OLYMPIA – Earlier this week, state regulatory staff released an investigation report on the six-hour 911 outage that occurred earlier this year, recommending the service provider be penalized up to $2.9 million and make improvements to ensure network reliability.
The Washington Utilities and Transportation Commission (UTC) began the investigation after a statewide 911 outage severely disrupted emergency services for six hours beginning around midnight on April 9 and into the morning of April 10. All 6.9 million people living in Washington lost 911 service during the outage, which affected 911 calls placed from landline, wireless, and Internet-based telephones.
In the report, UTC staff recommend the three-member commission issue a formal complaint against the company with a penalty of up to $2,932,750 for 11,731 violations of commission laws and rules. The majority of the violations were for failing to automatically re-route 911 calls and failure to maintain and manage the technical 911 system as required by law. The company was also cited for failing to promptly notify 911 call-centers of the outage.
Washington’s 911 services are provided by CenturyLink under a contract managed by the Washington Military Department’s Emergency Management Division. CenturyLink outsources certain critical functions of the 911 network to Colorado-based Intrado, CenturyLink’s 911 vendor.
Commission staff determined that the statewide 911 system outage was caused by errors originating in a data center owned and managed by CenturyLink’s 911 vendor. Commission staff also determined that 5,840 attempted 911 calls from Washington state failed to properly reach emergency services during the outage.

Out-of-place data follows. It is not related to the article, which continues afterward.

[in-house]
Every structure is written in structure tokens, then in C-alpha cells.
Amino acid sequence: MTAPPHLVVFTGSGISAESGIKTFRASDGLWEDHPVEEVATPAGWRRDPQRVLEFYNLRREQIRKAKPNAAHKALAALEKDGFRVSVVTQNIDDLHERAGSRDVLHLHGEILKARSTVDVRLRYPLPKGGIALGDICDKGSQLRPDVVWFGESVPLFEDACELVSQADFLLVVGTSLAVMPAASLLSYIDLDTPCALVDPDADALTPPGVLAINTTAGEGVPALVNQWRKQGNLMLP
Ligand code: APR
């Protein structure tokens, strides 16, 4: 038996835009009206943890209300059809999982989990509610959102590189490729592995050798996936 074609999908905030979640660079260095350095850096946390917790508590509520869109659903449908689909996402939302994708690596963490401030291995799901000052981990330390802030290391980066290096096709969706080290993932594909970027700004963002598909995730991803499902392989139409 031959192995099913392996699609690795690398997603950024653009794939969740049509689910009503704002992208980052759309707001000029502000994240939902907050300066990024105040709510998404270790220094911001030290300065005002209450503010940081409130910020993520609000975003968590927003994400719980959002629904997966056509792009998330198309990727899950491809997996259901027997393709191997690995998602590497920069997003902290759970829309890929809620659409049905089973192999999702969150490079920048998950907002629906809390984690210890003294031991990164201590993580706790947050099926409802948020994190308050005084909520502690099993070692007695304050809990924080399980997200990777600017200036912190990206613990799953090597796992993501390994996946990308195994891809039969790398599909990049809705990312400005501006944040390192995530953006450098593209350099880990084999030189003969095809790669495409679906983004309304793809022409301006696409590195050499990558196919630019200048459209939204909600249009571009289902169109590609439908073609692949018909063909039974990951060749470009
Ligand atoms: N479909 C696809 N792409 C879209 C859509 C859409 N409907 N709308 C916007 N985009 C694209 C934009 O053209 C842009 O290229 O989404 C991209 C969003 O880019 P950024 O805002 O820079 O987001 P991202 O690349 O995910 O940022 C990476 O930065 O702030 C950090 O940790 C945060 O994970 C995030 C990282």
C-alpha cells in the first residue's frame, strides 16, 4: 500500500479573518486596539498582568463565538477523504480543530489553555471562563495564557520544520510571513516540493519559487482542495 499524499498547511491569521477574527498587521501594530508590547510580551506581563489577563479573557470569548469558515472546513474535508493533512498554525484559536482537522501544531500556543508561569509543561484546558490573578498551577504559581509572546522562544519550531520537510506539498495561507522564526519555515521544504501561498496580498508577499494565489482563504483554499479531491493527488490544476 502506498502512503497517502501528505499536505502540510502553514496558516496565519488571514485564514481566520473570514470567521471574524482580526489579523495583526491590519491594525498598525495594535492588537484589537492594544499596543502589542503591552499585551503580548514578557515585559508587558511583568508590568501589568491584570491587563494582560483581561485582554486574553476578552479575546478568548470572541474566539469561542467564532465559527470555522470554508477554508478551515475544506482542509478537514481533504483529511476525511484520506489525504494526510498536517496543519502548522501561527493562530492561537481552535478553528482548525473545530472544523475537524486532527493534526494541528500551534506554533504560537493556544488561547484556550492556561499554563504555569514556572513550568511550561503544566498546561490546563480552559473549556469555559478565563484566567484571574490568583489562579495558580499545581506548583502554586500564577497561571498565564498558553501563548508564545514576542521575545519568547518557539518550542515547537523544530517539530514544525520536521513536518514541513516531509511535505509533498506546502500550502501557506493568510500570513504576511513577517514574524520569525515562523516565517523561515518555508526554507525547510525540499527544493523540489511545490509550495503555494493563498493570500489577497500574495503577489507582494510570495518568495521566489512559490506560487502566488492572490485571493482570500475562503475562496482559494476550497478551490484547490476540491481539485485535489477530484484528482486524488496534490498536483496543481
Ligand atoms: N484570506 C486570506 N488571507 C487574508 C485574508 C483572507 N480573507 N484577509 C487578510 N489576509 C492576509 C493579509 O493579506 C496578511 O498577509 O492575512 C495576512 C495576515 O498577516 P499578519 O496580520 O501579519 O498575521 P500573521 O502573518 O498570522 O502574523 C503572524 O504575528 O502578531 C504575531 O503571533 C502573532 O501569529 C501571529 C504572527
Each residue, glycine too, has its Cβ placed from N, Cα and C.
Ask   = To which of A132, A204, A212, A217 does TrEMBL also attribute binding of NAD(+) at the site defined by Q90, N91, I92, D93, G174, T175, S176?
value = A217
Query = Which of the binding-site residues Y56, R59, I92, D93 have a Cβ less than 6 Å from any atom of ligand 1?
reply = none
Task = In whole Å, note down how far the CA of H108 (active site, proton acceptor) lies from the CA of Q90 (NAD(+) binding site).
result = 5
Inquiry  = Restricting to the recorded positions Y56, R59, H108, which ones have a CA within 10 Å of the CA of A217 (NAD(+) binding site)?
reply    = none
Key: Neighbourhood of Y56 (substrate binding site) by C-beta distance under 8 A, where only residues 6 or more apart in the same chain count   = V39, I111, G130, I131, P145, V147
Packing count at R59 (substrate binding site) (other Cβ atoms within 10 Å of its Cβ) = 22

The investigation also looked at whether CenturyLink’s restoration of 911 services and communications between the company and affected customers were sufficient and recommends technical upgrades to prevent another potentially life-threatening outage in the future.
Commission staff recommends that CenturyLink be required to make improvements to the 911 infrastructure, and report annually to the commission on the status and results of maintenance and inspections of the system.
Although the impact was most drastic in Washington state, the outage also affected six other states – California, Florida, Minnesota, North Carolina, Pennsylvania, and South Carolina – prompting the Federal Communications Commission (FCC) to conduct its own investigation into the outage. The FCC released a report on the outage in October and has initiated a proceeding to address 911 reliability.
CenturyLink is Washington’s state wide 911 service provider and also provides retail telecommunication service to approximately 1 million residential and business customers in Washington.